Since August of 1945 when two nuclear weapons destroyed the Japanese cities of Hiroshima and Nagasaki and unimaginable horrors visited over 199,000 of its inhabitants, the world has lived with the implicit fear of widespread annihilation. The Cold War that rapidly shadowed the mass killings of World War II was marked by a persistent threat of a nuclear holocaust, placing in jeopardy the very existence of mankind. The two power blocs, in ‘Strangelovesque’ logic, amassed over 70,000 nuclear warheads, with the fatal knowledge that the use of a nuclear weapon would set into motion an uncontrollable chain reaction. Their arsenals contained enough to destroy the world many, many times over and then again. All the while irrational and often outlandish doctrines of intent-to-use were hatched in the opaque corridors of power in Washington and Kremlin. ‘Nuclear mysticism’ of the period embraced Mutually Assured Destruction (MAD), hair trigger arsenals, Launch on Warning (LoW), war-fighting with nuclear weapons, and the idea of flexible response encompassing the prolific use of tactical nuclear weapons, almost as if the resultant escalation could be controlled. Influenced by these very dangerously opposing concepts, the idea was that deterrence would prevail and strategic stability would be the outcome.

The Cold War, in a debilitating conclusion, saw the break up of the Soviet bloc, emergence of a multi-polar world, proliferation of nuclear weapons, emergence of a clandestine nuclear black market and the rise of Islamic radicalism; the aggregate of it all was strategic uncertainty. In this wobbly milieu an international movement was launched in 2008 with the improbable purpose of eliminating all nuclear weapons. Central to the concept is to check the spread of nuclear weapons and associated technologies, account for and secure all fissile material, eradicate the threat of nuclear terrorism and abolish nuclear weapons. Most world leaders including those of the USA, Russia, China, Europe and India have endorsed Global Zero.

The plan envisages achieving a global zero accord by 2023 and complete nuclear disarmament by 2030. Implementation visualizes a four-phased action plan. Phase1 proposed a bilateral treaty between the USA and Russia to reduce arsenals to 1000 warheads each. Phase 2 conceives a further reduction of arsenals by the USA and Russia to 500 warheads each, while a multilateral framework called for all other nuclear weapon nations to freeze their stockpiles until 2018 and enjoins them to put in place verifiable safeguards and enforcement systems to prevent diversion of fissile material towards weapon production. Phase 3 requires these nations to negotiate a global zero accord by 2023 for the proportional reduction of all nuclear arsenals to the zero level. The final Phase is reduction to zero and the continuation of the verification, safeguard and enforcement systems.

Till recently, the problem with the entire scheme was lack of clarity of what measures would need to be put in place, in order to establish a multilateral structure that addresses immediate nuclear risks. These immediate nuclear risks are presented by nations adopting a posture of intent to use nuclear weapons first; absence of transparency in strategic underpinnings; development and deployment of tactical nuclear weapons and its corollary of decentralizing control; and lastly the hazards of terrorists gaining access to nuclear weapons. During a meeting of the Global Zero Commission in Athens on 30-31 March 2015 a draft report was presented, its aim was to reduce the risks of deliberate or unintended use of nuclear weapons through the instrument of establishing a multilateral norm that de-alerts nuclear forces. Refreshingly encouraging was a suggested paradigm shift from intention-to-use to that of intent-to-avoid the use of nuclear weapons.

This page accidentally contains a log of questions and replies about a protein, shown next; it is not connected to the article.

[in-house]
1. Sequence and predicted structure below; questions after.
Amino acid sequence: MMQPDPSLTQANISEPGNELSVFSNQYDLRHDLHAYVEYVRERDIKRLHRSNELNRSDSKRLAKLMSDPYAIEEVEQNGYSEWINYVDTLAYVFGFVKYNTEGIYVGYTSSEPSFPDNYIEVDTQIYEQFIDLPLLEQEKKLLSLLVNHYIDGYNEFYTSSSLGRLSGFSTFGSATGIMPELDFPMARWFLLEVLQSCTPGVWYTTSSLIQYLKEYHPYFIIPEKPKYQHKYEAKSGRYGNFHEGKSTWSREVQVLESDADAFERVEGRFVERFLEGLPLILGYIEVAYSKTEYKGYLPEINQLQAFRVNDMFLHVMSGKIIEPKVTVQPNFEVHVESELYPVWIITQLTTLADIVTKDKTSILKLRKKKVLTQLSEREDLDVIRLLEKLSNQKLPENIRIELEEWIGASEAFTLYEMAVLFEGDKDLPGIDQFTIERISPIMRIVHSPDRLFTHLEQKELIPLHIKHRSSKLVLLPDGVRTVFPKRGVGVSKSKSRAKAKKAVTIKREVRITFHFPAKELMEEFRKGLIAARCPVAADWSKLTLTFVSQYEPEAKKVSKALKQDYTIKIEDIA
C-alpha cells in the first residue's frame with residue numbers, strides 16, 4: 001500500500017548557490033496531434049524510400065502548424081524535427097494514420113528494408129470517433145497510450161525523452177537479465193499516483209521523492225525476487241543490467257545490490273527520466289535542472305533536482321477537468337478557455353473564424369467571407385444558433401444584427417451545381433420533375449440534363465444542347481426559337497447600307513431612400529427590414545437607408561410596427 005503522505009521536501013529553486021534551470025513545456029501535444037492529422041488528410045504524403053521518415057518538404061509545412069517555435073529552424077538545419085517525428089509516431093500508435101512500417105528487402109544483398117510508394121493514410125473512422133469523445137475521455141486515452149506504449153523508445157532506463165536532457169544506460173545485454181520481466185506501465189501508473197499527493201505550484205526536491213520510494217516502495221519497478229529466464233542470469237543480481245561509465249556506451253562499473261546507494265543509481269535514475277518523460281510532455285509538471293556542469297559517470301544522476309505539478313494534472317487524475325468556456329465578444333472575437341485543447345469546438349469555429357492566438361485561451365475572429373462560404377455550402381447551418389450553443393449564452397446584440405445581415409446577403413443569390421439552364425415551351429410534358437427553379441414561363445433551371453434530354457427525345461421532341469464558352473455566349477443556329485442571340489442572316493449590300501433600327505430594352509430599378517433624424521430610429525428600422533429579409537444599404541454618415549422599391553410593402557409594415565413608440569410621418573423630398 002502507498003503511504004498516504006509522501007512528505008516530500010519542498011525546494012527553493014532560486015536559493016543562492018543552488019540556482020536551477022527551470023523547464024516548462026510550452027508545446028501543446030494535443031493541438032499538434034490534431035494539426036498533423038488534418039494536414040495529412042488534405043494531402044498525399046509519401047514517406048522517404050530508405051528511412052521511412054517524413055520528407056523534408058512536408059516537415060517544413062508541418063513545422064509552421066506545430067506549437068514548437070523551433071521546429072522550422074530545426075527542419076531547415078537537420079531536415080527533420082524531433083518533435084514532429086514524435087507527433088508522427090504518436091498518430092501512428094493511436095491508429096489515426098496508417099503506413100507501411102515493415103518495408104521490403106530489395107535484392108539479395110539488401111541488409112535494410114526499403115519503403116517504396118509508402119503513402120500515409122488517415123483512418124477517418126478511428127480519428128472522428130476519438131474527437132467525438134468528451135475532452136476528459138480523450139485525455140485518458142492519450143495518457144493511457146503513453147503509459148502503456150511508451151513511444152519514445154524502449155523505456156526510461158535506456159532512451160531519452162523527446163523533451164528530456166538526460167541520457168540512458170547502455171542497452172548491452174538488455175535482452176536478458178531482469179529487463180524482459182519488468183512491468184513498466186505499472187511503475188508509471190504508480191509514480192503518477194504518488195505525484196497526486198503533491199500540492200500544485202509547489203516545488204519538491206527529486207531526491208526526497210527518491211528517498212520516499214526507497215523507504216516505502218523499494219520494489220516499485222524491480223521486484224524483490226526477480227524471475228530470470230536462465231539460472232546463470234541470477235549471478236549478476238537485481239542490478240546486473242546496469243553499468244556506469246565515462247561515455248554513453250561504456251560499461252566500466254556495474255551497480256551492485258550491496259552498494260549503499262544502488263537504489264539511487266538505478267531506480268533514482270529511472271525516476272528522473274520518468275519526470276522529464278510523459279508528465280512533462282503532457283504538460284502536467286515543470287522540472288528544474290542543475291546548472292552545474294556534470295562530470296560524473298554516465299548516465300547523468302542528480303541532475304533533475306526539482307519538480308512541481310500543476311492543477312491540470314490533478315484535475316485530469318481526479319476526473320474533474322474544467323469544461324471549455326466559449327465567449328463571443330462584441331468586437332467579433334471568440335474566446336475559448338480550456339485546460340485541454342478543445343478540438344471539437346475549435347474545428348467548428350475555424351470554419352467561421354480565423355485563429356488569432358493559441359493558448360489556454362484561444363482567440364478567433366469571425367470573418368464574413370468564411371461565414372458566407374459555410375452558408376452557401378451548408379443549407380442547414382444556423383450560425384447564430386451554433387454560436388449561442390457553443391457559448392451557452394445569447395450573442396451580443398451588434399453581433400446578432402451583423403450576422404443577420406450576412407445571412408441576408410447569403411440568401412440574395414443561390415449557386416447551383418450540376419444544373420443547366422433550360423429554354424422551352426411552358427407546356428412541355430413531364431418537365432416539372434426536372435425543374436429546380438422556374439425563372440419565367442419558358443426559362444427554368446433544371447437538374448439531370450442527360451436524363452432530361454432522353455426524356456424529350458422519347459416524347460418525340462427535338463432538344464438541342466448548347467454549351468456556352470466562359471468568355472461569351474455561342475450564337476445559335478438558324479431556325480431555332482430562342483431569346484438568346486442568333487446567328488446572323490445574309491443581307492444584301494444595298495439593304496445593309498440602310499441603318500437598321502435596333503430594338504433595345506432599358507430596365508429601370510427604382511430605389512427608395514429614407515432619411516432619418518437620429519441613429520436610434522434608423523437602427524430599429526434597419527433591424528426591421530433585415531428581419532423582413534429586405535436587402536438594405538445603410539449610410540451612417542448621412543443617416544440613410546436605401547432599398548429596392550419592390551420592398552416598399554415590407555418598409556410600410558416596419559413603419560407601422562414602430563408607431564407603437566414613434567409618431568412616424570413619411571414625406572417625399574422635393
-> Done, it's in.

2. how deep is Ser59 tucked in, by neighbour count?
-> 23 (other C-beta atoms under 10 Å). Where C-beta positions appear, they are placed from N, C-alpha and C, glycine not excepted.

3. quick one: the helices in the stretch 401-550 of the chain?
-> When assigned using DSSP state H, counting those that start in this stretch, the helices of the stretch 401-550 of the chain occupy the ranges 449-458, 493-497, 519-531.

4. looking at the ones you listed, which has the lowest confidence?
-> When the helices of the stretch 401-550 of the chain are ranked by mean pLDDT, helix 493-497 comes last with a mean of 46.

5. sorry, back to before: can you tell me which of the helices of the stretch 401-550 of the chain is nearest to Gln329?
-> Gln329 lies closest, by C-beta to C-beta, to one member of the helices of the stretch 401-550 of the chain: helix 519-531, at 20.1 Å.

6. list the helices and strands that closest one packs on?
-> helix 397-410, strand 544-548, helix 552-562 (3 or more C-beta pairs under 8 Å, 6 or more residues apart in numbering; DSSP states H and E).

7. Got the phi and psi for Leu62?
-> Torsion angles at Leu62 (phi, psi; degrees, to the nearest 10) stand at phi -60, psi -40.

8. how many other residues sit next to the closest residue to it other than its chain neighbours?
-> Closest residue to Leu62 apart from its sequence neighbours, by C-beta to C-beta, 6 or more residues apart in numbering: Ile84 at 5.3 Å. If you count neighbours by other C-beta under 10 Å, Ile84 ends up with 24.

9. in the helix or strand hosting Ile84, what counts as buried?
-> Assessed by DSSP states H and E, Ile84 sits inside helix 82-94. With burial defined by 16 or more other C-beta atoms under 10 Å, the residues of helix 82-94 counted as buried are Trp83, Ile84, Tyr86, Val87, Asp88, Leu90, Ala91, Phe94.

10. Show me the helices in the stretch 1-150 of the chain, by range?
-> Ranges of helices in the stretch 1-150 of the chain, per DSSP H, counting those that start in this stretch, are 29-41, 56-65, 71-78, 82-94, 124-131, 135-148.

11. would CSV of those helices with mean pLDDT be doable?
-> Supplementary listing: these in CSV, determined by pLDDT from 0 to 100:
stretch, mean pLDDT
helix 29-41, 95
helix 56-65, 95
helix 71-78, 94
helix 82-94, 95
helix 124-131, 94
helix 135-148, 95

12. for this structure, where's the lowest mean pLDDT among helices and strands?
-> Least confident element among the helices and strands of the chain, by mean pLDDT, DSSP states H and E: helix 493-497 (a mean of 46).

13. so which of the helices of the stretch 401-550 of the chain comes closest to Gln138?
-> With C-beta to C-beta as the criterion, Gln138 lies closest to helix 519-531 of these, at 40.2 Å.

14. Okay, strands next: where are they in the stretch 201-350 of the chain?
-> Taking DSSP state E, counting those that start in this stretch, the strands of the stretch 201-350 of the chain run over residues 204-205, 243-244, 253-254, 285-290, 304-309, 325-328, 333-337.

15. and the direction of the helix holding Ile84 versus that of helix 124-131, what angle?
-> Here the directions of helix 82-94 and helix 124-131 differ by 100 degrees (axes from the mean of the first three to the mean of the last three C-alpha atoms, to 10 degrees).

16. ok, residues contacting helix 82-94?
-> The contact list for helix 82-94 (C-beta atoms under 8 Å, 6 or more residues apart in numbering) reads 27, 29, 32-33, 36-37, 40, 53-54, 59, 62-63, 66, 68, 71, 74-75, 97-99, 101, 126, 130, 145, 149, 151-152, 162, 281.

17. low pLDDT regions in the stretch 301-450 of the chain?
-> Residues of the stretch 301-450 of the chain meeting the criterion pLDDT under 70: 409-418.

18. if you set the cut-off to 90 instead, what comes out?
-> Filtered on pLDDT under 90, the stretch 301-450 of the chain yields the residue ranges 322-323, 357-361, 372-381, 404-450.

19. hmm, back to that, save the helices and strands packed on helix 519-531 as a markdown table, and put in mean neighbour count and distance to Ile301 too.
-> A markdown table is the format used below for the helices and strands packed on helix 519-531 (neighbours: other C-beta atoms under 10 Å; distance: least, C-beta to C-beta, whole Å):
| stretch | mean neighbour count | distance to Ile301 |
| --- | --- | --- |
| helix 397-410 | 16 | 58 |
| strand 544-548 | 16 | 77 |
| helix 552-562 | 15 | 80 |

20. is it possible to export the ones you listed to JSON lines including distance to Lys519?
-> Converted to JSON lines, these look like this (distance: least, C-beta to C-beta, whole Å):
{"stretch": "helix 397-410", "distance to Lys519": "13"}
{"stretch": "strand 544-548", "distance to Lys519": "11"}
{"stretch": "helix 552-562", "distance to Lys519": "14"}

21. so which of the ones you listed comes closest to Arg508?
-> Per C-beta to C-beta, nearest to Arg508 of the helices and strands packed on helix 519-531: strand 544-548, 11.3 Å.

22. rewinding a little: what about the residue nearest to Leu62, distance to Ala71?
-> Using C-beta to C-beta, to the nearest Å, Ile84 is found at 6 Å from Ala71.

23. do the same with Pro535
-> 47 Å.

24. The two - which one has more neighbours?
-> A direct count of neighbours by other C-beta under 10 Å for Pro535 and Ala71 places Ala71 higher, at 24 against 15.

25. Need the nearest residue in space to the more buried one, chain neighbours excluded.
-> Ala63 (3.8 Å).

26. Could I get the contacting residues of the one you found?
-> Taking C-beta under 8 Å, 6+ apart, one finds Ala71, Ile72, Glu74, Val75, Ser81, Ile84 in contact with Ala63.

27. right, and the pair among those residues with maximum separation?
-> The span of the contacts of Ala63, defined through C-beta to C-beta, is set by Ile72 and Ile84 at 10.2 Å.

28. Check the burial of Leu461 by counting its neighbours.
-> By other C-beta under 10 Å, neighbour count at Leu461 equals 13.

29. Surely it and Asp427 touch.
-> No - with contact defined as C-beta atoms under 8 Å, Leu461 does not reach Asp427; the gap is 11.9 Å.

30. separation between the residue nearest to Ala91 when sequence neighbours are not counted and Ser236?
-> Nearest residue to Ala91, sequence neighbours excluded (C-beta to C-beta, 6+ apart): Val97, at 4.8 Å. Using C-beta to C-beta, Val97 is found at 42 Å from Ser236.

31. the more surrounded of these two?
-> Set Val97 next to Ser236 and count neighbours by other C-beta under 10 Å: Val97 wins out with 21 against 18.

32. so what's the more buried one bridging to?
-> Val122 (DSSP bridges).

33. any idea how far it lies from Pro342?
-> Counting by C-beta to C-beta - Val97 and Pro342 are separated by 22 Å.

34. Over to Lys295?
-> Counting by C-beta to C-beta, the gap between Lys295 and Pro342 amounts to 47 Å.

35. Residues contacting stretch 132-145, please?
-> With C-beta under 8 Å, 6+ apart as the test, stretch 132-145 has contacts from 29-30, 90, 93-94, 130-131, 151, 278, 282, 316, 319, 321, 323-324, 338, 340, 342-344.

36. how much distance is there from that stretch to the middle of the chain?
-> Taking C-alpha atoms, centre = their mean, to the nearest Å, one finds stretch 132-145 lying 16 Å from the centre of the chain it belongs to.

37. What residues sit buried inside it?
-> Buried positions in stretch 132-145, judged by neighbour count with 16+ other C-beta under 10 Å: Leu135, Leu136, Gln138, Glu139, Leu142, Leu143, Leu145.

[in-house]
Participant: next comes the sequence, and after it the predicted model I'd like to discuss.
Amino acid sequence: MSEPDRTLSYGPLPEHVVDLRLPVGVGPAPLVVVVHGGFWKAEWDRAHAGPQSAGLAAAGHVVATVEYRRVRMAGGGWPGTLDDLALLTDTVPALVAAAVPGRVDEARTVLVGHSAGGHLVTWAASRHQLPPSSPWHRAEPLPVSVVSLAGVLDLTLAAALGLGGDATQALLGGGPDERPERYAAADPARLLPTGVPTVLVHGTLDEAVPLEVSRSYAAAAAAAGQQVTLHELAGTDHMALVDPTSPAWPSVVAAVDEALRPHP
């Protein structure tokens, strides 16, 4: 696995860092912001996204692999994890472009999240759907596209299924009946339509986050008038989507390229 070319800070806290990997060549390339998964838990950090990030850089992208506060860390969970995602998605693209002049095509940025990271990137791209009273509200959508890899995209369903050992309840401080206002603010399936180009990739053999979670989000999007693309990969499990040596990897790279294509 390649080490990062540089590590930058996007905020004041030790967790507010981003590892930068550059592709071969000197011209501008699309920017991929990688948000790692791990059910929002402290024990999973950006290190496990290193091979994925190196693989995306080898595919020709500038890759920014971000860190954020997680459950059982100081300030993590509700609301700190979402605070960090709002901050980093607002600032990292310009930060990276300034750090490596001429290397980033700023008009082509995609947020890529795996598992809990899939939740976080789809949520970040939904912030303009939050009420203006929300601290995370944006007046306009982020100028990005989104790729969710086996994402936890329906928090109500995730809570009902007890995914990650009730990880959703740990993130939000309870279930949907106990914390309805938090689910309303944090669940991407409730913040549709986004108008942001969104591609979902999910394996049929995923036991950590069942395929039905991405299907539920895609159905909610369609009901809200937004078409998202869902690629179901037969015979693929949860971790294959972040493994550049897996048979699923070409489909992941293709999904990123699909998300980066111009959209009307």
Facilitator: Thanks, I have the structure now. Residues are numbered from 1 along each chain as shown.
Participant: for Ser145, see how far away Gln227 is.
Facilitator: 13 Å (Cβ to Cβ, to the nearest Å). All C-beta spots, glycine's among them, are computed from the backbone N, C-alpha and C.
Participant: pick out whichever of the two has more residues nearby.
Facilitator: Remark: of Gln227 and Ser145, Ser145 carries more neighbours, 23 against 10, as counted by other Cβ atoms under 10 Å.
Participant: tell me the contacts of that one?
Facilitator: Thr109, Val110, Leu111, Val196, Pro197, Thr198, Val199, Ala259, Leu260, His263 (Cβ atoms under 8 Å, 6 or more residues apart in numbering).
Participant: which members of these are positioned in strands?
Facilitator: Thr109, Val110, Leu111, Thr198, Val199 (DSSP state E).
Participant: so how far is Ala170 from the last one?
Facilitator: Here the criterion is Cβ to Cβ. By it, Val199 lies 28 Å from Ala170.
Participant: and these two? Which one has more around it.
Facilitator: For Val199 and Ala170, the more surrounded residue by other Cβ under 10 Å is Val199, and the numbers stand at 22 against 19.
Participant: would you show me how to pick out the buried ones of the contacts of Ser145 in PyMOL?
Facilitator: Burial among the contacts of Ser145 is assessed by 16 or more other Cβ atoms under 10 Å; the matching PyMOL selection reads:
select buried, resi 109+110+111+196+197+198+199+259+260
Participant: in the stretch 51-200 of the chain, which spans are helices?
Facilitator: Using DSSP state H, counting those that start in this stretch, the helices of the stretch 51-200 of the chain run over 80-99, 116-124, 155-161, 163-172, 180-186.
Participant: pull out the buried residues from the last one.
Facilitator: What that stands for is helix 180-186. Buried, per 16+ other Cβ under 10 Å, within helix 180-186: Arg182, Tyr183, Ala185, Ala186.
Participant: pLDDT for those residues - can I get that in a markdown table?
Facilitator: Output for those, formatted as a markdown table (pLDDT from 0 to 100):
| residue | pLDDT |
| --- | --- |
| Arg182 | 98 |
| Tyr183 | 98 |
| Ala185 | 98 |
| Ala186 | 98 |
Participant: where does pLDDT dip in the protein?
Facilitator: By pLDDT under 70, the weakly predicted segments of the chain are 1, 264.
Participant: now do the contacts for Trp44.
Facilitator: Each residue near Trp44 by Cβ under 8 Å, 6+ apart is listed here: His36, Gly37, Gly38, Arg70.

Addressing the Commission, as one of the Indian participants, the author underscored that the nation’s nuclear posture was founded on its declared policy of No First Use (NFU), which formed the basis of operationalizing the arsenal. Intrinsic to its nuclear orientation was the separation of the custodian of nuclear weapons from controller, achieved not just in word, but by robust technological systems supported by stringent procedures and redundancies at every stage. Central to control was supremacy of polity. In this framework there was no room for conflict between operational goals and strategic policy. On matters of hair-trigger state of alert of nuclear forces with intent-to-use, the author suggested that de-alerting of nuclear forces without a commitment to NFU did not in any way assuage the situation since there were no apparent restraints to reverse transition from the de-alerted to the alert stage. The Indian and Chinese NFU posture provided a first step towards stability and the final goal of disarmament. On tactical nuclear weapons, the author was unequivocal on India’s stand of being unwilling to distinguish between tactical and strategic nuclear weapons on grounds that control of escalation was not possible once the weapon was used. The hazards of non-state actors gaining access to nuclear weapons as a real danger, was highlighted, primarily because jihadists are an integral part of Pakistan’s military strategy, making subversion of their nuclear establishment an existential threat. The narrative was rounded off by re-emphasizing that de-alerting of nuclear forces was a natural hand-maiden of a policy of No First Use of these weapons.

Despite the doubts expressed by the Russian participants over the credibility of NFU, what was surprising was the traction that the twin ideas of de-alerting and NFU generated amongst the Commission. Equally surprising was the Japanese reservations of how such a policy would affect extended deterrence, perhaps this was more on account of the inability to see a time when the need for nuclear deterrent forces would be a thing of the past.